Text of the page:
The aspect of originality has often been closely linked to copyright questions. Is there, perhaps, a better model for recognising originality than the one currently in place?

As we head further down the path of materialism there is less value placed on imagination and more on producing a marketable commodity that contains a veneer of novelty that's mistaken for imagination. Hence, often times one piece sounds / looks like another because it borrows elements from a popular stylistic trend.

Artists who are afraid to take risks and do something “original” wind up conforming to the market because the financial risk is too great otherwise. So most ideas today fit into prefabricated molds made by whoever is able to direct public attention, i.e., cookie-cutter content.

How do you see the relationship between the tools to create music and originality?

Many of the tools used to create music have become the message rather than being a conduit through which the art manifests. The tool is a virus of branding that is embedded into the content created with it that endlessly replicates itself via the end user.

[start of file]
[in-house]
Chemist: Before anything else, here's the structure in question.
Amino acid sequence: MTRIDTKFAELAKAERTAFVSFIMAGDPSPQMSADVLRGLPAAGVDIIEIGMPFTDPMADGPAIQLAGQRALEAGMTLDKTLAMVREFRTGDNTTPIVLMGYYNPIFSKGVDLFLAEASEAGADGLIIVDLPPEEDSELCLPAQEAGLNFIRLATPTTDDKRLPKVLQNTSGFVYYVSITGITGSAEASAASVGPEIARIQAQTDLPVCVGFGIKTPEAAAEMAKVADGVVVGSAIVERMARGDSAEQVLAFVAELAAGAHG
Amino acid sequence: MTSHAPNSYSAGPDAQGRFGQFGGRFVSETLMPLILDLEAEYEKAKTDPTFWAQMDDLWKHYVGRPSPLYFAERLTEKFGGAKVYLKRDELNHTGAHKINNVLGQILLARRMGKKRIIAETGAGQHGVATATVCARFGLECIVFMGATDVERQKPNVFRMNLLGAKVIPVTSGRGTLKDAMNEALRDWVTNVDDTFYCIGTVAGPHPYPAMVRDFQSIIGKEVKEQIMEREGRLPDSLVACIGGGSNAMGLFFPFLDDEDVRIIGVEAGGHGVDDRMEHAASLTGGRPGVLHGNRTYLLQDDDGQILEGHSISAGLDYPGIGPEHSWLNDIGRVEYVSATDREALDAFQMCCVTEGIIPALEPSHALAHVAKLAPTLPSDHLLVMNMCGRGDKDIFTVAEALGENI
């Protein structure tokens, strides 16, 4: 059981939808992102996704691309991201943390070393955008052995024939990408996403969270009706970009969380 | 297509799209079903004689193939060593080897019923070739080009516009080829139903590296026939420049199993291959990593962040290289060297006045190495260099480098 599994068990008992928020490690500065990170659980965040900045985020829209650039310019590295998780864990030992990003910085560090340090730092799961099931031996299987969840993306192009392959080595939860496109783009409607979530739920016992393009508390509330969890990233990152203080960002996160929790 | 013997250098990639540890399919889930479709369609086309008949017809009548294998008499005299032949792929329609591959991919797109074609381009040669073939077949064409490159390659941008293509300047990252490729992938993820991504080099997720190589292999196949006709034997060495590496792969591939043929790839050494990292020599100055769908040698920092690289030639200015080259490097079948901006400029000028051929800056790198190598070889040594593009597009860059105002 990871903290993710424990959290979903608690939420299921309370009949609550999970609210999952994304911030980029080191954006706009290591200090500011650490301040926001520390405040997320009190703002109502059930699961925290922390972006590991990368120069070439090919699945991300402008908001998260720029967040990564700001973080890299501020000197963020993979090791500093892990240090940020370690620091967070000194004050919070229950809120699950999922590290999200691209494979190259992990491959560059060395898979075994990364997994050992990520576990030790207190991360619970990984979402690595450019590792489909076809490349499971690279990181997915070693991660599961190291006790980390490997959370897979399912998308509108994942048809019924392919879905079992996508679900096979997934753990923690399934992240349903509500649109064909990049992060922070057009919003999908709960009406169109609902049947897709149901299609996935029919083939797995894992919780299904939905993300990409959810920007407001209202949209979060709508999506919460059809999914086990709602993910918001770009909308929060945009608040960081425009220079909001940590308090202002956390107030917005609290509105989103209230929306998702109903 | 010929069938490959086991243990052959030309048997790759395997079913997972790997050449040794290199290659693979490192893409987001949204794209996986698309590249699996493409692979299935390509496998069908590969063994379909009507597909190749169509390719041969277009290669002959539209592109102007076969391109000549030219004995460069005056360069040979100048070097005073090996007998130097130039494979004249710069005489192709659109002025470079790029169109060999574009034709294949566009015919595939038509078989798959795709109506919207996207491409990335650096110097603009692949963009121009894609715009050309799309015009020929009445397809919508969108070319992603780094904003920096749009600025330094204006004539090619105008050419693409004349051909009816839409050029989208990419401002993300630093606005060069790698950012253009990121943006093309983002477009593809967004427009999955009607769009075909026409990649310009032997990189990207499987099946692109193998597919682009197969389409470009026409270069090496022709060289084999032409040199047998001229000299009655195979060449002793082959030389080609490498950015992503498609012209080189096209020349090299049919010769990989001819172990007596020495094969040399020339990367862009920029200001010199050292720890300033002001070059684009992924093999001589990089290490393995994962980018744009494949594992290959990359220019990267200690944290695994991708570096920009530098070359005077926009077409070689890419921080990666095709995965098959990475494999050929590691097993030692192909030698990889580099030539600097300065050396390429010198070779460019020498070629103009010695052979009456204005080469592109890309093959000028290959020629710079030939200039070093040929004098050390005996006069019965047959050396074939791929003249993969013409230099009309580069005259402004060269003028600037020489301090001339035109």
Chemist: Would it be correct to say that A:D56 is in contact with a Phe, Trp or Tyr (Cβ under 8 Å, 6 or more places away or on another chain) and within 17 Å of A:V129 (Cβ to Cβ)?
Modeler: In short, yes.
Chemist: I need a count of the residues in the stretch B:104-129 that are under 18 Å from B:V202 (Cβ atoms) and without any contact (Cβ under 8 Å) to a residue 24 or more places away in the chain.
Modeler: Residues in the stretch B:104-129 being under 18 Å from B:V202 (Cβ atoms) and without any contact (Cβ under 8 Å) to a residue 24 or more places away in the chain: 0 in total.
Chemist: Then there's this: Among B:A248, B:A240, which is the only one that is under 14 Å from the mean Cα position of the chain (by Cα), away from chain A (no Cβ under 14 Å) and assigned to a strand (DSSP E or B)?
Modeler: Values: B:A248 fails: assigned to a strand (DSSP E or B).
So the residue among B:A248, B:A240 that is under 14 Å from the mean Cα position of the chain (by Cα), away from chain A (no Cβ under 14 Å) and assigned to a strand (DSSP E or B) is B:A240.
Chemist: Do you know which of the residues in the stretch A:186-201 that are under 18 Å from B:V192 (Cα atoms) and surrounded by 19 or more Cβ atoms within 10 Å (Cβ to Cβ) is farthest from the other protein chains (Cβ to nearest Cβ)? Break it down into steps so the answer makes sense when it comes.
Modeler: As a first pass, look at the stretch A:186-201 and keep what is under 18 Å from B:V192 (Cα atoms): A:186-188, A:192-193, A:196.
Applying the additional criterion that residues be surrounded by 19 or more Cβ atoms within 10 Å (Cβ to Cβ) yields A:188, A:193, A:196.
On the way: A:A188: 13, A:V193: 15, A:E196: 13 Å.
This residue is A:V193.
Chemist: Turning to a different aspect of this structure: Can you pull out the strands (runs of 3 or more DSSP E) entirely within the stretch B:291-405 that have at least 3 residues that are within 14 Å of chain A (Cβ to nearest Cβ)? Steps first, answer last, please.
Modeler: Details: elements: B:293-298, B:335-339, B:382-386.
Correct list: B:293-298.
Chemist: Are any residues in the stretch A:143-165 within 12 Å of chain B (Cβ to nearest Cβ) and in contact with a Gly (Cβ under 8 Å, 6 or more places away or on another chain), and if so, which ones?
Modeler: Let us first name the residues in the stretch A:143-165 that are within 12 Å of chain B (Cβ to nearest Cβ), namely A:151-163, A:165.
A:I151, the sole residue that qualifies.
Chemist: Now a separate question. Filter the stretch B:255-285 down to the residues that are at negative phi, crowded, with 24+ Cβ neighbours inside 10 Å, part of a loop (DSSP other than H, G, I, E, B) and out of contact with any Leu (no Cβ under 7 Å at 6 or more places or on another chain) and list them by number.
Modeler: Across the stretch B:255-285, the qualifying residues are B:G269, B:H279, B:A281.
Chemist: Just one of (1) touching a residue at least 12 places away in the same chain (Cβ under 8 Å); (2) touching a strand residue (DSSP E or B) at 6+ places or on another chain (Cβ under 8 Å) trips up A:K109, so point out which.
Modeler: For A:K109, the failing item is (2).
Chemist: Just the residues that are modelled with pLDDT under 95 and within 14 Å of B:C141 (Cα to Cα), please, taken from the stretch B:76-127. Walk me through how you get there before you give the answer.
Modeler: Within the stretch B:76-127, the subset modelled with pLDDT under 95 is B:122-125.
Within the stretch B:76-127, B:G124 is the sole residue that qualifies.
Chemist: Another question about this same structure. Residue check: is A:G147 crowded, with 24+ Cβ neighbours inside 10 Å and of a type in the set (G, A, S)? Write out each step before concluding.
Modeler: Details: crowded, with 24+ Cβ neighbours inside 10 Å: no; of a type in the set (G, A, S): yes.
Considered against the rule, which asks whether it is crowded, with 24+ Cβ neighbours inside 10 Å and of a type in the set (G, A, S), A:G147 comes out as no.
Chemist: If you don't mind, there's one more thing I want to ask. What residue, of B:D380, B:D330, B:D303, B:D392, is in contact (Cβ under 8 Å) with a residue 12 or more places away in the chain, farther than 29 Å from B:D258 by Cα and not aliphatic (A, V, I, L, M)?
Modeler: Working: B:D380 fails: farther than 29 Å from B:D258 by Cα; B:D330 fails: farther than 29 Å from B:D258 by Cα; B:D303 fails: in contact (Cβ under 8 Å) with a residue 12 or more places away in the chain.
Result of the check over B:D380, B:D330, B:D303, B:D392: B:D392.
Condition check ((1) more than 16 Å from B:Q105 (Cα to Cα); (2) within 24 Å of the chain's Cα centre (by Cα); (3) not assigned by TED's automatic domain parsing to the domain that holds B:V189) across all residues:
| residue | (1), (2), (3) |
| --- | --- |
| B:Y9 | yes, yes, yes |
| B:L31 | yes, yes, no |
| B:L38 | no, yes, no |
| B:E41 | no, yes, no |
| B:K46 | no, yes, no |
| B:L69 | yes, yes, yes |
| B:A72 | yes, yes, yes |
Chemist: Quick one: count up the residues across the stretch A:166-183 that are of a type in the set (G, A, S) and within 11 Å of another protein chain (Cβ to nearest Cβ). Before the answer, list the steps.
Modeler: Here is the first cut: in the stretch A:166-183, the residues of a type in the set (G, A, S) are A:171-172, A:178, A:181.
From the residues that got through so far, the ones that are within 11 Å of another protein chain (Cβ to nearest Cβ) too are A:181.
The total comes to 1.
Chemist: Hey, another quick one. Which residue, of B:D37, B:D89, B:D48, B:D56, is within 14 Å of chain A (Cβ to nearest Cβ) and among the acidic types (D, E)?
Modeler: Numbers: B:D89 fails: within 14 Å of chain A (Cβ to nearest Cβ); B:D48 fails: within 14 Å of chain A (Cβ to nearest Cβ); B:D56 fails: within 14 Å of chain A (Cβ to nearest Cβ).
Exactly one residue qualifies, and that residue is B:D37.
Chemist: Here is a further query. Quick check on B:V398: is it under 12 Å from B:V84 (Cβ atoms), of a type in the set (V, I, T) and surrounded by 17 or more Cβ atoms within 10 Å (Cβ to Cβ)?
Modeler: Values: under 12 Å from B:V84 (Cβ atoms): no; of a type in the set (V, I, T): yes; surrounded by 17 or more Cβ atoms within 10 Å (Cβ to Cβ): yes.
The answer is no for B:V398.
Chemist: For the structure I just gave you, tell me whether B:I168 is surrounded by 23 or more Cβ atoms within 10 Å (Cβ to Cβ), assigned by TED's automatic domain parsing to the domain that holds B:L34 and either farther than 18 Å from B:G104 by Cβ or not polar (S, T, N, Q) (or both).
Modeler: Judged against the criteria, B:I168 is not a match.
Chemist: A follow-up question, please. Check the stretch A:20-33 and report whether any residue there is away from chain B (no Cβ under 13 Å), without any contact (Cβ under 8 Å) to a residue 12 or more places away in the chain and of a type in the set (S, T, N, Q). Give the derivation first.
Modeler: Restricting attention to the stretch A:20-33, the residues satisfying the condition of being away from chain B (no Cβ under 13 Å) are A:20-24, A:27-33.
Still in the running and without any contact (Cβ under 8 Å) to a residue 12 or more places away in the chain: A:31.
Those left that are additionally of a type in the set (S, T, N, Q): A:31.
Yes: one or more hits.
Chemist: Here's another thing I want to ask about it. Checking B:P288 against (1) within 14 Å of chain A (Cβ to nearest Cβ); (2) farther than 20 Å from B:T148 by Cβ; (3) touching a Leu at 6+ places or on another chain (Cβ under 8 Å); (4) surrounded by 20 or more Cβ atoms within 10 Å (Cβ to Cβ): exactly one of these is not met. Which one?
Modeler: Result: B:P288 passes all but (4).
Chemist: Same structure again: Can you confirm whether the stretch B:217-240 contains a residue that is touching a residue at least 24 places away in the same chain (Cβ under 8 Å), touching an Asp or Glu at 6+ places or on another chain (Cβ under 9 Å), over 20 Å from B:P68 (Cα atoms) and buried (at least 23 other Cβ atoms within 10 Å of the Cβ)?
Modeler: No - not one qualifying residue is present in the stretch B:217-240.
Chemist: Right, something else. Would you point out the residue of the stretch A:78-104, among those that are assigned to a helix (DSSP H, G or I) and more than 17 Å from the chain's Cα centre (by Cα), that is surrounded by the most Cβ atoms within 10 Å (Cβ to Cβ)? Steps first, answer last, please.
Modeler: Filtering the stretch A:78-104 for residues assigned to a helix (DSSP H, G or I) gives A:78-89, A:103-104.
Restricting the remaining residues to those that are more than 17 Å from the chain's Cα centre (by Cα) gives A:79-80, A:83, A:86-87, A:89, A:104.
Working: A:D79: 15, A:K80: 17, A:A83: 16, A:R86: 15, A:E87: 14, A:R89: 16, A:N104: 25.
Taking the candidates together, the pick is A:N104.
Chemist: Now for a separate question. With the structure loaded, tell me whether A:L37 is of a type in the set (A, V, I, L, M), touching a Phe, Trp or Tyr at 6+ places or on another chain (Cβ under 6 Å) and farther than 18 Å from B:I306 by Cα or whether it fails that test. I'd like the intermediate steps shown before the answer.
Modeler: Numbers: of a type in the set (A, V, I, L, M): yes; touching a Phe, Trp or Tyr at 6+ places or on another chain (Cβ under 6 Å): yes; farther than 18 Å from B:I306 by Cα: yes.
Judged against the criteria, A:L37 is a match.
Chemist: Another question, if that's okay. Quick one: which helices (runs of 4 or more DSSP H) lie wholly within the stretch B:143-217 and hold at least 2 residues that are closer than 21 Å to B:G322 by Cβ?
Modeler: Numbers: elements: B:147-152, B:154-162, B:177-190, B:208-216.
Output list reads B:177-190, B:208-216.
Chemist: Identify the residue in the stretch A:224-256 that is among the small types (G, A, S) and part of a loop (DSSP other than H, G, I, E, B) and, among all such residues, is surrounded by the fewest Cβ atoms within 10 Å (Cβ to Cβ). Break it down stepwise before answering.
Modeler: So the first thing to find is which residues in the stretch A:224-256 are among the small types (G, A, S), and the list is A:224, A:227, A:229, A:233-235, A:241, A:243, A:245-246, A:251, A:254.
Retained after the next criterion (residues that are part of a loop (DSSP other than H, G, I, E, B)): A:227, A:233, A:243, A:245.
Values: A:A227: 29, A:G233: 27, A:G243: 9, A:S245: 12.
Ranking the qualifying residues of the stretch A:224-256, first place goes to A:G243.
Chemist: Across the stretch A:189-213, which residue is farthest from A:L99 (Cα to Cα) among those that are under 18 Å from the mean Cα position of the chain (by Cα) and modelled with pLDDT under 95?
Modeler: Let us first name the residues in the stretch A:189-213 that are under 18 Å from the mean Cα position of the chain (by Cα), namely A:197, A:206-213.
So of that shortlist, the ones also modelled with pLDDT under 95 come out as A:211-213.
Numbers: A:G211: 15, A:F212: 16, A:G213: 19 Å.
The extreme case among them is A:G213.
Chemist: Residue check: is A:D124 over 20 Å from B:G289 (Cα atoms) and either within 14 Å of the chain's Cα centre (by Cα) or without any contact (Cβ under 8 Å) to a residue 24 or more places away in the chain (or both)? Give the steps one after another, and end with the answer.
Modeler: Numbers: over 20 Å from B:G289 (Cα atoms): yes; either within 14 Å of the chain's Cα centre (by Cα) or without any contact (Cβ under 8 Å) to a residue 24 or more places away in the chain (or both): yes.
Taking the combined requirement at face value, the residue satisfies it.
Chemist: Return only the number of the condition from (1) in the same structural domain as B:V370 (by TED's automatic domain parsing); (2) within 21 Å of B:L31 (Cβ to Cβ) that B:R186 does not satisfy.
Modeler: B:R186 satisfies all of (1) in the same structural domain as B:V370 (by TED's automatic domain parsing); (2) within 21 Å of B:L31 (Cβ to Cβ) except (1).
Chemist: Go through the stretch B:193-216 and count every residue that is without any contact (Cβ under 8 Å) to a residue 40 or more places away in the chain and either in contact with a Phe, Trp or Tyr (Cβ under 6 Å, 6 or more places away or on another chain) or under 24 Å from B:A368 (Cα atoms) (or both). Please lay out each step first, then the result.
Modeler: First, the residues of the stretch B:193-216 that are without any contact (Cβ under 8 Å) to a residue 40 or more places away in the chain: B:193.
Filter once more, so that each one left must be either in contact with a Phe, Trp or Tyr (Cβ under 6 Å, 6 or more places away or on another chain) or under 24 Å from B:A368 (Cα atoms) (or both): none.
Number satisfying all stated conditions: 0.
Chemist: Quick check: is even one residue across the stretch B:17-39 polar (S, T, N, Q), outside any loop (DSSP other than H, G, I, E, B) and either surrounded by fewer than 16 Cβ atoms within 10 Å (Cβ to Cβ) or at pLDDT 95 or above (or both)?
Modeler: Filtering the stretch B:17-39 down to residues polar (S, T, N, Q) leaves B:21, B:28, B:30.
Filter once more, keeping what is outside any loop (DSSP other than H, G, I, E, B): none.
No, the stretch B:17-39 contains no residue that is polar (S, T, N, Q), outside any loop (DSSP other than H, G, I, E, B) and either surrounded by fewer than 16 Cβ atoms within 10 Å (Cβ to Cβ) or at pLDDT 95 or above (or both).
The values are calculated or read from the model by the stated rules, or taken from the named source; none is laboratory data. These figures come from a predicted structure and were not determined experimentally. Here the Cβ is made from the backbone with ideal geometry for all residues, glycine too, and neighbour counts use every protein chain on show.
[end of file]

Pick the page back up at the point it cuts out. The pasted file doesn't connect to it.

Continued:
It's a contagion that has infected every aspect of our culture and why most everything today sounds like everything else.

In terms of supporting originality, what are some of the technological developments you find interesting points of departure for your own work?

I like to work in a software environment where I can build my tools for exploring a particular project.

I mainly work in Pure Data (a multimedia dataflow programming language) which is as close to an alchemical laboratory as I can get in the digital domain. I also use prefabricated software such as Ardour or Audacity when I am editing or mixing something – other than that I build what I need.

I let my intuition drive my tool development which in turn drives the artwork which drives my intuition etc. ad infinitum.

The importance and perspective on originality has greatly varied over the course of musical history. From your point of view, what are some of the factors in the cultural landscape that are conducive to originality and what are some of those that constitute obstacles?

The current obstacles to imagination are materialism and capitalism which has birthed a technology-obsessed culture industry that persists in off-loading the work of imagination onto the software.

Things that are conducive to nourishing originality are meditation and learning how to develop new organs of perception.

Do you have a vision of a piece of music which you haven't been able to realise for technical or financial reasons?

The subject of funding in the culture industry could fill an entire interview on its own but when everyone expects culture for free it's the artist who ends up paying for it – or there are corporate sponsors who cloak cultural content in the guise of advertising.

We are at the peak of a bubble in the culture industry that is going to burst. It will be interesting to see how that turns out.